Raymond March – August 23, 2018
The Swedish phone app Natural Cycles recently made headlines for becoming the first app approved by the Food and Drug Administration for contraception. Natural Cycles uses morning temperature readings and its own algorithm to predict the user’s most fertile days (about ten days a month) during her ovulation cycle. The app has widespread popularity with nearly 700,000 users worldwide.
Although Natural Cycles is celebrated as being “first of its kind,” when we examine recent trends in medical technology, we find this story has been a long time coming.
The algorithm Natural Cycles uses to predict peak fertility days relies on an old contraceptive method commonly referred to as “charting your cycle.” The popular book Taking Charge of Your Fertility uses the same method to predict fertile days and was first published in 1995. The book has helped hundreds of thousands of women avoid becoming pregnant (or increase their chances of becoming pregnant) and has its own fertility charting app (OvaGraph).
Apps which help their users chart their fertility cycles are commonplace. As a 2016 paper published in the Journal of the American Board of Family Medicine found “nearly 100 apps allow women to track their fertility and menstrual cycles and can be used to avoid or achieve pregnancy.” The paper examined the accuracy of 40 apps and concluded 75 percent of them accurately predicted the user’s fertile days. About 20 percent of the apps earned a “perfect score” for accuracy.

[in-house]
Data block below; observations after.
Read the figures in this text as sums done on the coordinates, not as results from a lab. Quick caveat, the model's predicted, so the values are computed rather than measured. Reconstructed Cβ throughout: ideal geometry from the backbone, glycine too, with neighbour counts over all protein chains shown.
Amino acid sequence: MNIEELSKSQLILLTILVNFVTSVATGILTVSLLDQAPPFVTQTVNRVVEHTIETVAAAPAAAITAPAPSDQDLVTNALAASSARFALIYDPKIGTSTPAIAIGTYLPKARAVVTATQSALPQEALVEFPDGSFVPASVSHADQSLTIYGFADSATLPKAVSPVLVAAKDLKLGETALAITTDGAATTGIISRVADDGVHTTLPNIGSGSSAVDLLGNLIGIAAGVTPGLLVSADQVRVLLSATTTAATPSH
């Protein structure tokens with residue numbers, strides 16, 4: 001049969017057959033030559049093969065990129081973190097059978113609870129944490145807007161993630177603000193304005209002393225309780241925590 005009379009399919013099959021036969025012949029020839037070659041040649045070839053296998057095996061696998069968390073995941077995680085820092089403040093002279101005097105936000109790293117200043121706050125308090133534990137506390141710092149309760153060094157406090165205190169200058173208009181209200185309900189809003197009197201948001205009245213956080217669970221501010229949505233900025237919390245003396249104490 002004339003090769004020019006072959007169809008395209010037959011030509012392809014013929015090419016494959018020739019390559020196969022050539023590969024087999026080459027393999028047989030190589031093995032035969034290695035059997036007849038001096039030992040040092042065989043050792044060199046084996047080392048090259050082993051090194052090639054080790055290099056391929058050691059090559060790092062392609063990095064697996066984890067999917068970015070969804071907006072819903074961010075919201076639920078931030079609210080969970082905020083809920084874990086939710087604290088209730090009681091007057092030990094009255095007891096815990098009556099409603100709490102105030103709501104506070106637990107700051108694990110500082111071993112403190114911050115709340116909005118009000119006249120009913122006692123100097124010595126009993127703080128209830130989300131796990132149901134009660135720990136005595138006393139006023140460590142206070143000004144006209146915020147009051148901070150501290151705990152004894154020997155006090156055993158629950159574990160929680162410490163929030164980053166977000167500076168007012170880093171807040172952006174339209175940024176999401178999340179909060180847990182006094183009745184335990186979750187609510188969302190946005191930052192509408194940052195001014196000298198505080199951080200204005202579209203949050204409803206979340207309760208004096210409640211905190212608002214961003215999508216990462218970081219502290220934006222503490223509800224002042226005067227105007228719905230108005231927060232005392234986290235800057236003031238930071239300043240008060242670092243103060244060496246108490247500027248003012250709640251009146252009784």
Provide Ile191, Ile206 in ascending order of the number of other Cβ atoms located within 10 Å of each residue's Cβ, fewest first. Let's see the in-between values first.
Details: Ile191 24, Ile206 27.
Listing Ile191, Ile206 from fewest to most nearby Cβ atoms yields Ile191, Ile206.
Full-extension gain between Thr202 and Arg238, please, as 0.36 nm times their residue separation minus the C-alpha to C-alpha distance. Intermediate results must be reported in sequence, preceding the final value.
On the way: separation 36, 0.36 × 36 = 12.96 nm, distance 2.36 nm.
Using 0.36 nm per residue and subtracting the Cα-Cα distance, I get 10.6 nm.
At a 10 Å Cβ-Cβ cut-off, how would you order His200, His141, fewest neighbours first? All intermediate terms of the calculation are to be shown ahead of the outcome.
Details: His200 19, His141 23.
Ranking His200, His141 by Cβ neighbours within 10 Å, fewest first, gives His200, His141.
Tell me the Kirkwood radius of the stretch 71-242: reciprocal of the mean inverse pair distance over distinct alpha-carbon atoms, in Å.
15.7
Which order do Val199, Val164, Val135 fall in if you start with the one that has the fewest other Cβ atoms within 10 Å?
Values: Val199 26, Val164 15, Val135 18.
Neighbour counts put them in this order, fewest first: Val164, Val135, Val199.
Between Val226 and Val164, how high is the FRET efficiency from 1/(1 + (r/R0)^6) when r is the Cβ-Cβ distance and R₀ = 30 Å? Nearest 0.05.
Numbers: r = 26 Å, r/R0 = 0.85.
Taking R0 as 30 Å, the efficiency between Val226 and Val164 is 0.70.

Although these findings are far from perfect, this is to be expected. Reproductive biology is a very complex subject. Fertility cycles can change due to unforeseeable circumstances. Human error when using contraception is more common than you might expect. These are limitations which clinical tests and FDA approval cannot eliminate. Despite these limitations, millions of women currently use apps to help chart their fertility cycles. And they were doing so confidently before the FDA approved Natural Cycles.
But recent reports indicated Natural Cycles is just as limited as its unapproved competitors. Despite impressive clinical trial results, Natural Cycles is currently under investigation in Europe after reports of 37 unplanned pregnancies emerged. As a spokesperson for Natural Cycles notes, “No contraception is 100 percent effective, and unwanted pregnancies is an unfortunate risk with any contraception.”
When we consider the widespread use of apps to avoid pregnancy before Natural Cycles and the inherent limitations of all contraceptive methods, it seems FDA approval makes relatively little difference. Instead, it seems the market has already provided, and the FDA is, ironically, late.
This article was originally published by the Independent Institute. Raymond J. March is a Research Fellow at the Independent Institute and Assistant Professor of Economics at North Dakota State University. His research examines the public and private provision and governance of healthcare in the United States, particularly in pharmaceutical markets.